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Ken Burns directs this nine-part series that looks at the development of the American Civil War. The episodes are: 'The Cause (1861)', 'A Very Bloody Affair (1862)', 'Forever Free (1862)', 'Simply Murder (1863)', 'The Universe of Battle (1863)', 'Valley of the Shadow of Death (1864)', 'Most Hallowed Ground (1864)', 'War Is All Hell (1865)' and 'The Better Angels of Our Nature (1865)'.
When their five-year-old daughter was diagnosed with leukemia, Tom and Kari Whitehead's world was shattered. They vowed to do whatever it took to help their daughter, and as they made decisions about how to best treat her, Tom found his faith coming to him in "whispers," guiding his decisions and keeping his hope alive, while Kari placed great faith in science and the doctors surrounding her little girl. But as Emily's condition continued to worsen, they both prayed for a miracle.
Then, their miracle arrived, in the form of an experimental treatment called CAR-T cell therapy that, against all odds, saved Emily's life. Because of Emily's miraculous recovery, this treatment is now used widely to treat cancer and has gone on to save hundreds of lives and promises to help thousands more. For all the acclaim and attention this important new approach to treating cancer has received, few know the full story of all it took to make this miracle happen.
In Praying for Emily, the Whiteheads share their story, recounting the belief, resilience, and support that got them through the most difficult time of their lives.
**The New York Times Bestseller**
**The book of the landmark documentary, The Vietnam War, by Ken Burns and Lynn Novick**
The definitive work on the Vietnam War, the conflict that came to define a generation, told from all sides by those who were there.
More than forty years after the Vietnam War ended, its legacy continues to fascinate, horrify and inform us. As the first war to be fought in front of TV cameras and beamed around the world, it has been immortalised on film and on the page, and forever changed the way we think about war.
Drawing on hundreds of brand new interviews, Ken Burns and Geoffrey C. Ward have created the definitive work on Vietnam. It is the first book to show us the war from every perspective: from idealistic US Marines and the families they left behind to the Vietnamese civilians, both North and South, whose homeland was changed for ever; politicians, POWs and anti-war protesters; and the photographers and journalists who risked their lives to tell the truth. The book sends us into the grit and chaos of combat, while also expertly outlining the complex chain of political events that led America to Vietnam.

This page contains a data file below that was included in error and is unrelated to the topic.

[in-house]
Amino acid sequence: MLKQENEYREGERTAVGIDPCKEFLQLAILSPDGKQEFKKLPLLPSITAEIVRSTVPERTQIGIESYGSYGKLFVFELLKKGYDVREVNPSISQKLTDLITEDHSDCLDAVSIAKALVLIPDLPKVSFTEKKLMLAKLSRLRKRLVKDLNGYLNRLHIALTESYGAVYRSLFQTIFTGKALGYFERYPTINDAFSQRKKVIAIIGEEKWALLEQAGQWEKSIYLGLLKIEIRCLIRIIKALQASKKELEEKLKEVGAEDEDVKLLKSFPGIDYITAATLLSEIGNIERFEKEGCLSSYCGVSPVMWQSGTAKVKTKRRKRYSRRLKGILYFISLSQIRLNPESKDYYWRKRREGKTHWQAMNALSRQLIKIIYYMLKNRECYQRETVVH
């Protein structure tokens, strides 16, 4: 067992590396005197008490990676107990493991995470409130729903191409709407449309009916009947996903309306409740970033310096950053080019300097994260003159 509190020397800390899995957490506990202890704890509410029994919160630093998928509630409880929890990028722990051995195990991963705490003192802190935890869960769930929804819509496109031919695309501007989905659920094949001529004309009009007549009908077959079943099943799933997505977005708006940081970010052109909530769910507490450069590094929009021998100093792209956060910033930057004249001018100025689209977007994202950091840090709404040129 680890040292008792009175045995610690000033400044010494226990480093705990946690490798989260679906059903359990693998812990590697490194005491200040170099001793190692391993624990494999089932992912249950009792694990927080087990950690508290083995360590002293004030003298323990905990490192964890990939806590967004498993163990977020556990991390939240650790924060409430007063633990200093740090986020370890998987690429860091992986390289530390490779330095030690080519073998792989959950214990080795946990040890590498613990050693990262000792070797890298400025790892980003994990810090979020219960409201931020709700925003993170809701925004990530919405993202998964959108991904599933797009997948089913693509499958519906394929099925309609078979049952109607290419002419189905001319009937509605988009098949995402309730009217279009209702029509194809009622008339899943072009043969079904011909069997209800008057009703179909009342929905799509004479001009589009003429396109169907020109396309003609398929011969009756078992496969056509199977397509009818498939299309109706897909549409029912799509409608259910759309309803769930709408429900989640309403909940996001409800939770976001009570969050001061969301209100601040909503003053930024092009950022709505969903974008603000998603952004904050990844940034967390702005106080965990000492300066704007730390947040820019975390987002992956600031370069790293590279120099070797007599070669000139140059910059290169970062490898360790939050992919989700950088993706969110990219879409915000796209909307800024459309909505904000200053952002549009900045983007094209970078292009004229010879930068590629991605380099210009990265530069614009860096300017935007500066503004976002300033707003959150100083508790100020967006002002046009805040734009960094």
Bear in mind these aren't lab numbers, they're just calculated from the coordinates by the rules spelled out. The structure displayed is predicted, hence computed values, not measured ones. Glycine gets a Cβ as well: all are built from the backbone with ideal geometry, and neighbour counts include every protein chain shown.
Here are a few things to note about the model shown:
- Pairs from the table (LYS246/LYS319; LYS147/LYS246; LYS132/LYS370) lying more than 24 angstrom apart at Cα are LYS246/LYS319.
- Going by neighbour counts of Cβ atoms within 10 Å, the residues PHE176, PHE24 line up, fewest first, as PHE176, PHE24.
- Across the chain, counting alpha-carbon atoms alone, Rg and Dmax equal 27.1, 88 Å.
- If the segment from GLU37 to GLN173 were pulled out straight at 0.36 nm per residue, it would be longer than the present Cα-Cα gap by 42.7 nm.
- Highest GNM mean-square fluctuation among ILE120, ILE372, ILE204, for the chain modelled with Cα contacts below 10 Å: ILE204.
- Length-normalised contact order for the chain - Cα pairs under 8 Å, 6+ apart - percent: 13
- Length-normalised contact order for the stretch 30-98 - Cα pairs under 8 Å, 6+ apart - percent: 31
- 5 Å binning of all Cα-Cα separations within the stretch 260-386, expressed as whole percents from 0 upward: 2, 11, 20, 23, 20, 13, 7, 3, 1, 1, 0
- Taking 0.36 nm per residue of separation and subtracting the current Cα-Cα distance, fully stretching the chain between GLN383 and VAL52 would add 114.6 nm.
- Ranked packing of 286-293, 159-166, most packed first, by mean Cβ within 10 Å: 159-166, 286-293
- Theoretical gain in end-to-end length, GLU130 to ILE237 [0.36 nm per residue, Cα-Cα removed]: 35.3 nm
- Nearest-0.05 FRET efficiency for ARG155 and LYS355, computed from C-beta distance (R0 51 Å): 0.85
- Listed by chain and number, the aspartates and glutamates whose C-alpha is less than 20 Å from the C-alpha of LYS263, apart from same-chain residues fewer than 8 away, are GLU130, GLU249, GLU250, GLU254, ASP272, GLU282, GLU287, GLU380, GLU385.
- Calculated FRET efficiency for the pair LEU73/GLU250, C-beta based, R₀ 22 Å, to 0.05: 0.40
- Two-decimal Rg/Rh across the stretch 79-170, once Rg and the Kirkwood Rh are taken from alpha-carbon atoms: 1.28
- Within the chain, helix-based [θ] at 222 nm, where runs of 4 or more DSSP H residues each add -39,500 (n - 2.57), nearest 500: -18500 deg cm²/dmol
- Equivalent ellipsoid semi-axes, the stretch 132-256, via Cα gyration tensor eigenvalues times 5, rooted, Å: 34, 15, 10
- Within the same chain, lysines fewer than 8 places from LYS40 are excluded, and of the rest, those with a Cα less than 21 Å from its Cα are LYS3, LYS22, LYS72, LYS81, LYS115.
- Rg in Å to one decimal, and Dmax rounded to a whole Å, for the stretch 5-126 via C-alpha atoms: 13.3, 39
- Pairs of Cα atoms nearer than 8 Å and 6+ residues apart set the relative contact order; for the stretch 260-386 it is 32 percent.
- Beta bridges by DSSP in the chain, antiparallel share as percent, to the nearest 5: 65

Beautifully written, this essential work tells the full story without taking sides and reminds us that there is no single truth in war. It is set to redefine our understanding of a brutal conflict, to launch provocative new debates and to shed fresh light on the price paid in ‘blood and bone’ by Vietnamese and Americans alike.
A vibrant celebration of President Obama, this stunning commemorative book provides a valuable record of his historical presidency and the years since he left office. It has now been more than two years since he concluded his historic two-term presidency. Through stunning images by White House photographers and others, as well as notable essays and quotes from a broad spectrum of people, this updated edition of Obama looks back at the President's journey: from his remarkable victory, to his significant milestones and final days in office, to his life after the White House. The book features rare and previously unseen photographs, along with iconic images and newspaper front pages. It also features dramatic pictures, including the iconic shot from the situation room as the president and his staff watched the live unfolding of the Osama bin Laden raid and day-to-day images of Obama in his roles as world leader, policymaker, commander in chief and father. There are light-hearted photos from the White House Correspondents' Dinner, late-night television appearances and moments with the entire Obama family. Sixteen additional pages follow President Obama in recent years campaigning for Democratic candidates, engaging in philanthropic work, and travelling the world. The expanded volume updates the status of many of Obama's ground-breaking achievements, such as the Affordable Care Act (aka "Obamacare"), the Iran nuclear deal, the Paris climate accord, EPA protections, transgender rights, DACA and much more. This book is a keepsake memento of a beloved president.
The vivid voices that speak from these pages are not those of
historians or scholars. They are the voices of ordinary men and
women who experienced--and helped to win--the most devastating war
in history, in which between 50 and 60 million lives were lost.